Fatality Rates Chart

Addressing automakers, suppliers and the industry press on Jan. 14 in Dearborn, the nation’s top auto safety official declared sport utility vehicles too dangerous to drive. While this startling assessment may grab headlines, it doesn’t stand up to scrutiny.

There was no mistaking the message behind the selective litany of crash statistics delivered by Jeffrey W. Runge, administrator of the National Highway Traffic Safety Administration (NHTSA): Either automakers “voluntarily” redesign their products or mandates will issue forth from Washington.

The agency is concerned about the rollover risk of pick-up trucks, sport utility vehicles (SUVs) and vans. This “light-truck” category accounted for 52 percent of the 10,647 fatal crashes involving a rollover in 2001, while constituting only 35 percent of the nation’s fleet of vehicles.

Physics dictates that light trucks are easier to roll than passenger vehicles, based on their track width relative to their center of gravity. But this “stability factor” is not necessarily predictive. As noted by the Insurance Institute for Highway Safety, some light trucks with virtually identical stability factors have far different rollover rates in the real world.

For example, the Jeep Grand Cherokee and Toyota 4Runner have indistinguishable stability factors, and received identical risk ratings from NHTSA. Yet, the fatality rate for the Grand Cherokee — 27 per million registered vehicles — is on a par with that of passenger cars, while the 4Runner’s fatality rate is 119.

The risk of a rollover also varies dramatically depending on driver behavior. More than 90 percent of rollovers occur after a driver loses control and runs the vehicle off the road. Moreover, the most lethal injuries result when occupants are ejected from the vehicle — a tragic reality reinforced by the fact that 72 percent of those killed in rollover accidents were not wearing a seatbelt. In other words, the NHTSA appears determined to hold automakers responsible for drivers’ negligence in protecting themselves.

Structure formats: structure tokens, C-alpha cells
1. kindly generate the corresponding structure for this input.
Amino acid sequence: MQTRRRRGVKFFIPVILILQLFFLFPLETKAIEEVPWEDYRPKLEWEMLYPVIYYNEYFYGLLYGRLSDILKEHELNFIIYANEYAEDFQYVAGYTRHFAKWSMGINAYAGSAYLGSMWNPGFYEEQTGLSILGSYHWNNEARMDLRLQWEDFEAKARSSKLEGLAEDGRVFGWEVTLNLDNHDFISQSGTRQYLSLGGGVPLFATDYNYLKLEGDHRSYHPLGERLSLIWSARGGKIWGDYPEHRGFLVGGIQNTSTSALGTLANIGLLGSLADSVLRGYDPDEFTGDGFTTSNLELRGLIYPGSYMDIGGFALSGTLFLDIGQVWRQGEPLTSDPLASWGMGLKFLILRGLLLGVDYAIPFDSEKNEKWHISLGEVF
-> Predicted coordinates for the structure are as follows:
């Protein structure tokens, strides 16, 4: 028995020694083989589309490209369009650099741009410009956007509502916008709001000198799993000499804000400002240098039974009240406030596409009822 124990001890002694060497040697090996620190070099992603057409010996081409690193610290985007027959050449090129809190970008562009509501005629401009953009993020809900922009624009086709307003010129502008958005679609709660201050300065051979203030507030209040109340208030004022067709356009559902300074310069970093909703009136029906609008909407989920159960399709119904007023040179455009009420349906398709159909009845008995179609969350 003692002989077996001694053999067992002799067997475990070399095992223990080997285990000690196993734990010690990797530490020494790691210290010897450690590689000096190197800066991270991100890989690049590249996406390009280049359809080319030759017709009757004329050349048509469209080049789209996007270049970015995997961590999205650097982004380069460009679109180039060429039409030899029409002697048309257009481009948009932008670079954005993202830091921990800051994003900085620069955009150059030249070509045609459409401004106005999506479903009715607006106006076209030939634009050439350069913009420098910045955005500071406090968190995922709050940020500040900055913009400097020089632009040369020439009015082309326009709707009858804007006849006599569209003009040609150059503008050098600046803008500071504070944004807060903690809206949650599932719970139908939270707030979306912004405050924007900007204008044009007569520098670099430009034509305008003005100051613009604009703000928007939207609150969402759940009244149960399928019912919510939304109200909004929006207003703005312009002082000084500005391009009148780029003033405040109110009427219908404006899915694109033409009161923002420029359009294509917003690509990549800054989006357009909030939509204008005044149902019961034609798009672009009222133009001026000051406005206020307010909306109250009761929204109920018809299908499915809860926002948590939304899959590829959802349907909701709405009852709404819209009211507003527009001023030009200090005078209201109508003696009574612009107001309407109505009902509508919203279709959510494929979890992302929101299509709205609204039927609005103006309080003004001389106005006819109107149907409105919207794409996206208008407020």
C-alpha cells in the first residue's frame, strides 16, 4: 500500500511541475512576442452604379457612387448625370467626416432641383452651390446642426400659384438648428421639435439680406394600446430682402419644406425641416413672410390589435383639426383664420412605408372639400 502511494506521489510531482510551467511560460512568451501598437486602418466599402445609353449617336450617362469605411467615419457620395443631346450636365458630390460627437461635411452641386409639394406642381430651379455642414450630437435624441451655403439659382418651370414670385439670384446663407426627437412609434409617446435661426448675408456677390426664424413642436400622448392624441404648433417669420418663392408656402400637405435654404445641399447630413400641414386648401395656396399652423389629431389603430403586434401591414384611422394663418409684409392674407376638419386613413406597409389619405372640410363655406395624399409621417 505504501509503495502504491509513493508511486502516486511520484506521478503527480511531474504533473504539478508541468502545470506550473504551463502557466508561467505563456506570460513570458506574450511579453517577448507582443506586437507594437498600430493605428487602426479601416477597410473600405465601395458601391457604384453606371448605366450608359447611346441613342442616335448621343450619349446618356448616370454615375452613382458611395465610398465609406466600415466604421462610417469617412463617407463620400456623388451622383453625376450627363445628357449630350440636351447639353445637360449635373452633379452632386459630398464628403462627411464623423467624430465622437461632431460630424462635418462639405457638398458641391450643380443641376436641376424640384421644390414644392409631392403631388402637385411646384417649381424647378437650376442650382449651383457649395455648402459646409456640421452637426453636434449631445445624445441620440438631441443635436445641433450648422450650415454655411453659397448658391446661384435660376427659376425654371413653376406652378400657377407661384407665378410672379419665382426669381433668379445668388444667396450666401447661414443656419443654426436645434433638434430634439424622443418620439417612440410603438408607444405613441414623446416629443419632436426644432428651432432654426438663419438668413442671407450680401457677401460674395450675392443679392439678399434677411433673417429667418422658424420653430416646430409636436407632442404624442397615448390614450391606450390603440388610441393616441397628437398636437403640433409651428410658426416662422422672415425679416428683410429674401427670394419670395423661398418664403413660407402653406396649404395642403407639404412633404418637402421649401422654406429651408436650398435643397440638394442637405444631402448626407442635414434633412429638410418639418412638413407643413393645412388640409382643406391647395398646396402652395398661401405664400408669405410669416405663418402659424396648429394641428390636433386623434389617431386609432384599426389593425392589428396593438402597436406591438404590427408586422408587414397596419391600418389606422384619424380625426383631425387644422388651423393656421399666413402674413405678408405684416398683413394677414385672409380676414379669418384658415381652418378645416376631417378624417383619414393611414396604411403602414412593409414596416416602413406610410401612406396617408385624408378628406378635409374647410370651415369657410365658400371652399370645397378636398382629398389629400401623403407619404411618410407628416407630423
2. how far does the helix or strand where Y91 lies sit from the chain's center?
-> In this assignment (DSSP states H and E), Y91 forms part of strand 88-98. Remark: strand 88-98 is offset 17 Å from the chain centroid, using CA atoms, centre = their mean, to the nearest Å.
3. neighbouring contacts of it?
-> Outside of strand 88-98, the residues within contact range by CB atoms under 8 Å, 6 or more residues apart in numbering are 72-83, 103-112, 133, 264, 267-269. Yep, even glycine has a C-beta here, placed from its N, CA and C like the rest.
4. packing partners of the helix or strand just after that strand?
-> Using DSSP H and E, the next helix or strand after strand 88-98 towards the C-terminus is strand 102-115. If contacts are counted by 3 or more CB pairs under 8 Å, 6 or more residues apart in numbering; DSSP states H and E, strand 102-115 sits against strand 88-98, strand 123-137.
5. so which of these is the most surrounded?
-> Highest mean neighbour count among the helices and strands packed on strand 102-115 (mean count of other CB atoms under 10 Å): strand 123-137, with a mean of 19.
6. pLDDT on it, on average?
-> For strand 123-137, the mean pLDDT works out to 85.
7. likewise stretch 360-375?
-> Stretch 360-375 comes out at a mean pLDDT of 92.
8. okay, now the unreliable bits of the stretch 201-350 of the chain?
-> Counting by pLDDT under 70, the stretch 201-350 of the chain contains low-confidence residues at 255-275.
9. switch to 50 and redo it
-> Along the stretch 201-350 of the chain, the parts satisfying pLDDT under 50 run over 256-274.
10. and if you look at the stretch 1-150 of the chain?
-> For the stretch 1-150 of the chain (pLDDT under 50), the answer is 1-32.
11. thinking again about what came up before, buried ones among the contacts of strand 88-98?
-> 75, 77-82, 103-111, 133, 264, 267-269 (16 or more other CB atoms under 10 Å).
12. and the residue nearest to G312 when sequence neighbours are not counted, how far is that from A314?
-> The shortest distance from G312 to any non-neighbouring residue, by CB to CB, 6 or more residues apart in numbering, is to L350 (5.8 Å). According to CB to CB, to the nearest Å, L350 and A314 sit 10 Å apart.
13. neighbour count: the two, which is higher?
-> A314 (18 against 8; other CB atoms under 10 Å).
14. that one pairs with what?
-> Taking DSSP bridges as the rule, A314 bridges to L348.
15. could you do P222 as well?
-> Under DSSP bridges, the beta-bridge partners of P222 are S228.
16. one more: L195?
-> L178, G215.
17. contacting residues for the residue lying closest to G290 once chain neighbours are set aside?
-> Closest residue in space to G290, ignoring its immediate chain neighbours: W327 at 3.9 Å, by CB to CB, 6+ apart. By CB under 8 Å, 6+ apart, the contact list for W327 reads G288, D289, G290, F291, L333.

In fact, there’s virtually no difference in overall fatality rates between vehicles in the light truck category and passenger cars. In 2001, for example, there were 1.2 fatalities involving light truck occupants per 100 million vehicle miles traveled, compared to 1.28 for cars. As for injuries, passenger cars posted a rate 28 percent worse than light trucks.

Any valid risk assessment must also weigh the safety benefits of light truck design. Only 14 percent of light-truck fatalities resulted from a side-impact collision in 2001 compared to 25 percent for passenger cars. Light truck occupants also are safer than passenger-car occupants in non-rollover, single-vehicle crashes.

There are significant costs to consider should the Bush administration impose new rollover regulations. Light trucks are Detroit’s most profitable vehicles, upon which a good many well-paying jobs depend. Reconfiguring the vehicle characteristics that consumers most demand could seriously jeopardize an already tentative auto industry.

And federal safety mandates can backfire. The “passive-restraint” requirements of the 1980s unleashed air bags that so far have crushed 104 children to death. And the vehicle downsizing forced on Detroit by NHTSA’s fuel economy standards increased highway deaths by 1,300 to 2,600 vehicle deaths per year.

A lower rollover rate would be most welcome, of course. But light truck safety has improved considerably in the past three decades, as models have evolved. The number of fatalities per year has fallen from 2.38 per 100 million vehicle miles traveled in 1975 to 1.2 in 2001.

In fact, highway safety in general has dramatically improved despite a doubling of licensed drivers and twice as many vehicle registrations. The fatality rate hit a historic low of 1.51 per 100 million vehicle miles traveled in 2001, down from 5.5 in 1966.

Considering all the factors associated with highway fatalities, the greatest safety benefit of all could be derived by hiding the car keys from grandpa and junior. The highest fatality rate — 43 per 100,000 in population — belongs to men aged 85 and older. Males aged 20-24 rank a close second, at 42. The fatality rates for women, on the other hand, are a mere 15 and 13 respectively. Overall, the auto accident fatality rate for men is 67 percent higher than it is for women.

Not even NHTSA would consider regulating the X chromosome in the name of highway safety. And yet seizing on SUVs as death machines hardly makes more sense.

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(Diane Katz is director of science, environment and technology policy at the Mackinac Center for Public Policy, a research and educational institute headquartered in Midland, Mich. More information is available at www.mackinac.org. Permission to reprint in whole or in part is hereby granted, provided the author and her affiliation are cited.)

Summary

Just because vehicles in the light-truck category (SUVs, pick-up trucks and vans) are more likely to roll over than regular passenger cars doesn’t mean they are involved in more accidents or have a higher fatality rate when they do crash. In fact, the accident fatality rates for light trucks have decreased dramatically and today are nearly the same as for other automobiles.

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